The backgrounds of the Nazi scientists who had directed chemical and biological warfare projects, murdering thousands of helpless victims, including children, with agents such as the gas sarin, were sanitized by the invisible government in what became known as Operation Paperclip. No criminal, including Kurt Blome, who had overseen the Nazis’ research into biological warfare, was too heinous or sadistic for the United States to welcome and use.
“Whenever a scientist they coveted turned out to have a blemish on his record, they rewrote his biography,” Kinzer writes. “They systematically expunged references to membership in the SS, collaboration with the Gestapo, abuse of slave laborers, and experiments on human subjects. Applicants who had been rated by interrogators as ‘ardent Nazi’ were re-categorized as ‘not an ardent Nazi.’ References to their exemplary family lives were added. Once they had been thus ‘bleached,’ they became suitable candidates for Paperclip contracts.”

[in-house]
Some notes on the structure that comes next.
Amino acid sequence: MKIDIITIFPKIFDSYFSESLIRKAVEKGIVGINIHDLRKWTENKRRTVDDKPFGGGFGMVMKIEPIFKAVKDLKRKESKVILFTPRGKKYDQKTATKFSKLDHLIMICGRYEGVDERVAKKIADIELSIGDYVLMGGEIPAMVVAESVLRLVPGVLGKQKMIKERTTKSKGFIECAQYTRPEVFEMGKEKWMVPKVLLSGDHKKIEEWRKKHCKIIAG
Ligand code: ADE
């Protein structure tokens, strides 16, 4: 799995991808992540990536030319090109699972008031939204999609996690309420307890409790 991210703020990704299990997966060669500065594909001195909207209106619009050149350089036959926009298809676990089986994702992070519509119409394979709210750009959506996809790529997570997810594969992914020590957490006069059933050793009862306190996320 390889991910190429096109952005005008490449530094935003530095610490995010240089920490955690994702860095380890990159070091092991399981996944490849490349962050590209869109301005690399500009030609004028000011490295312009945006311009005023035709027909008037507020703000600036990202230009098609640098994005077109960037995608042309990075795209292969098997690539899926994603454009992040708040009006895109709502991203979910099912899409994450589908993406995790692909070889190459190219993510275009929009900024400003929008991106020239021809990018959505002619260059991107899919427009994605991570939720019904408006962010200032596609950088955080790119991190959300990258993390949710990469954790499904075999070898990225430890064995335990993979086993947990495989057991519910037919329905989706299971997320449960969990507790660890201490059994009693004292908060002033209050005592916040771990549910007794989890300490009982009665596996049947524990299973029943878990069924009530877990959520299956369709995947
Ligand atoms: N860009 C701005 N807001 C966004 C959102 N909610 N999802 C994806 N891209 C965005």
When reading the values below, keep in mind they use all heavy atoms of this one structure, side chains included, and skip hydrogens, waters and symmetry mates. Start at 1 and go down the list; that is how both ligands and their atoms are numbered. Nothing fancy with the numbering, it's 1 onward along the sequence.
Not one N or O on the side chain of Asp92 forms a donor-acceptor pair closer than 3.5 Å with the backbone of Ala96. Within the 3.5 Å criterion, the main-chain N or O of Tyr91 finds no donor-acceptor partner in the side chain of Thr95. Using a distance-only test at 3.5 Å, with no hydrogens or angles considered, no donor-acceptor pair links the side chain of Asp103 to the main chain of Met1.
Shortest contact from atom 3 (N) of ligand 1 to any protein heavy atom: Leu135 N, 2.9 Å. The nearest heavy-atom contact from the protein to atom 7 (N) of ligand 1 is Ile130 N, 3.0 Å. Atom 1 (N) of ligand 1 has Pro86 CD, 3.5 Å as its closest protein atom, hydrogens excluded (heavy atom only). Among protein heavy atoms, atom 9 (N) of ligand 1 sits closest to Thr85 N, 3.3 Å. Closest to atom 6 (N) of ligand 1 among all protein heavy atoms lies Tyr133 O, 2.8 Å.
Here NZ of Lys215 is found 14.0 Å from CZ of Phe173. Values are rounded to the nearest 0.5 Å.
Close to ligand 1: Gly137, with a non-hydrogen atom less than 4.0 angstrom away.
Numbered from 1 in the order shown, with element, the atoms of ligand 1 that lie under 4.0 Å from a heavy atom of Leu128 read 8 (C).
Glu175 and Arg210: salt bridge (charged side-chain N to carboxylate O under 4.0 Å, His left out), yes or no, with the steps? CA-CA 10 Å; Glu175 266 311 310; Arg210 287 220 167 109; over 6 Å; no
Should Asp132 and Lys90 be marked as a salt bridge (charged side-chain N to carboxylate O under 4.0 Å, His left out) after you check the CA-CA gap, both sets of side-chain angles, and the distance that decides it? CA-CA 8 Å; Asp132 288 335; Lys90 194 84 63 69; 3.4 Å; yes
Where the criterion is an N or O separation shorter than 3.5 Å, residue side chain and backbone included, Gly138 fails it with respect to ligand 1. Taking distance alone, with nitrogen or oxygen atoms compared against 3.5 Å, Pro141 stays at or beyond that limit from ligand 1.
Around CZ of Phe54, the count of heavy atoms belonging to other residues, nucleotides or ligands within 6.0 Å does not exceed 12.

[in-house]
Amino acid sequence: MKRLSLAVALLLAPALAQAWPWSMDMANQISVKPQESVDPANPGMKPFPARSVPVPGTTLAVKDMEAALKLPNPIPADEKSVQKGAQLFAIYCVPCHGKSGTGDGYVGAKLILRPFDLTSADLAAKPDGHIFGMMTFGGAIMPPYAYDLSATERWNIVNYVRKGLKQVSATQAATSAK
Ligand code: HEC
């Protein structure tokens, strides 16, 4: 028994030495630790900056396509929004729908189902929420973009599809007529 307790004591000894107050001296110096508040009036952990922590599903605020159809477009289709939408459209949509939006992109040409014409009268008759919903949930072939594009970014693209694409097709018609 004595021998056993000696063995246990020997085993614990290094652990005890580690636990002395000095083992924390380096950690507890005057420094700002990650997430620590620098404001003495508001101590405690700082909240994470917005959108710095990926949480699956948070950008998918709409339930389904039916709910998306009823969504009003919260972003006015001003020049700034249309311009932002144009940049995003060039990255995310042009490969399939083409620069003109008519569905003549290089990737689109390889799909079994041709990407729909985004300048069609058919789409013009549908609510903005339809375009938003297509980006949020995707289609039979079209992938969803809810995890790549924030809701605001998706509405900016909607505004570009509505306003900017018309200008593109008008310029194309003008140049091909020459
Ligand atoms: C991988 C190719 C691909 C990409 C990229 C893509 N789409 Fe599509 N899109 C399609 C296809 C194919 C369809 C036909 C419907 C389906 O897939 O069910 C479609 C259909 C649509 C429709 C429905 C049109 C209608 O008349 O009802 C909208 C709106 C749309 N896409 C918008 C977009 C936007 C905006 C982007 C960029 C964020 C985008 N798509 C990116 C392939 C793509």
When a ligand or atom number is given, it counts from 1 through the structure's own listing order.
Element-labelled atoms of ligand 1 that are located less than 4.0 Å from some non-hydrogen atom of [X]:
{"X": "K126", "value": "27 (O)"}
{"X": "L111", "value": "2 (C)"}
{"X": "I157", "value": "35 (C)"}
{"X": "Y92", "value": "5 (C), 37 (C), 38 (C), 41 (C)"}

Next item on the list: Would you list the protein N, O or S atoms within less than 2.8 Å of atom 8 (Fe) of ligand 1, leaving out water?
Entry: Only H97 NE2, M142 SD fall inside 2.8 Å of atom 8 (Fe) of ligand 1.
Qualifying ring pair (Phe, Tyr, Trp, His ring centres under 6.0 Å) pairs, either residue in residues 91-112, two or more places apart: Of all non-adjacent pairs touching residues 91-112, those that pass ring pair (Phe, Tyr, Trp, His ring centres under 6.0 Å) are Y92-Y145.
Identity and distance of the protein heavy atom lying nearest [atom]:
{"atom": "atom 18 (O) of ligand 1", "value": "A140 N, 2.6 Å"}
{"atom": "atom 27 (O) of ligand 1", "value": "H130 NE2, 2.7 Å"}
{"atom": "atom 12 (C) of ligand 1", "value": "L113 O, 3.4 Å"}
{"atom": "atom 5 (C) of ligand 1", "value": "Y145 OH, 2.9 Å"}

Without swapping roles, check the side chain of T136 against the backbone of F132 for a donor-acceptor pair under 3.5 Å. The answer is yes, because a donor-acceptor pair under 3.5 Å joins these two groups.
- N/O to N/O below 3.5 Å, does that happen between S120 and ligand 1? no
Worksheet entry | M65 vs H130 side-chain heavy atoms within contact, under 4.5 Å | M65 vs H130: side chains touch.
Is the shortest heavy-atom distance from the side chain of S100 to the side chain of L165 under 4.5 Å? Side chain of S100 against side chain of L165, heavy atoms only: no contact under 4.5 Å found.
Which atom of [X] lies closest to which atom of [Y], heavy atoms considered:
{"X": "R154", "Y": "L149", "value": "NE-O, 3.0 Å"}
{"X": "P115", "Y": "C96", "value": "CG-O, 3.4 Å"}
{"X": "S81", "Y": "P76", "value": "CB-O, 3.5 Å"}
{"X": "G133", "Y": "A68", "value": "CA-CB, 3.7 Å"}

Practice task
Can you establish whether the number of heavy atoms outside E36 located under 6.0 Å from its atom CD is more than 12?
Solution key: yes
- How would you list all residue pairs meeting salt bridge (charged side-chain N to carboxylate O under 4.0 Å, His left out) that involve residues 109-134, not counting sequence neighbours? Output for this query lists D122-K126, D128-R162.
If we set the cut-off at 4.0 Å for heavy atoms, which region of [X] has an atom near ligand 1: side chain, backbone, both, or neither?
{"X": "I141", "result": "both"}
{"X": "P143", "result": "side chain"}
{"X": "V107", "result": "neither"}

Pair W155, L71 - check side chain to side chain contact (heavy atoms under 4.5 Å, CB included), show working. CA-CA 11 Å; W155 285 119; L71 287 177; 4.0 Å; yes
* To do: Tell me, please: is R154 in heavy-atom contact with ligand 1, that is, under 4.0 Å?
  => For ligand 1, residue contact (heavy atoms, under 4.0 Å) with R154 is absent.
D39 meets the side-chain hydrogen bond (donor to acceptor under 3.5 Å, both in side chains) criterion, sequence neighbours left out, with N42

Shiro Ishii, who between 1936 and 1942 killed as many as 12,000 captured Chinese soldiers, anti-Japanese partisans, Koreans, Mongolians, prisoners, mental patients and, by some accounts, American prisoners of war in medical experiments on behalf of the Japanese government, was a highly valued asset to the invisible government.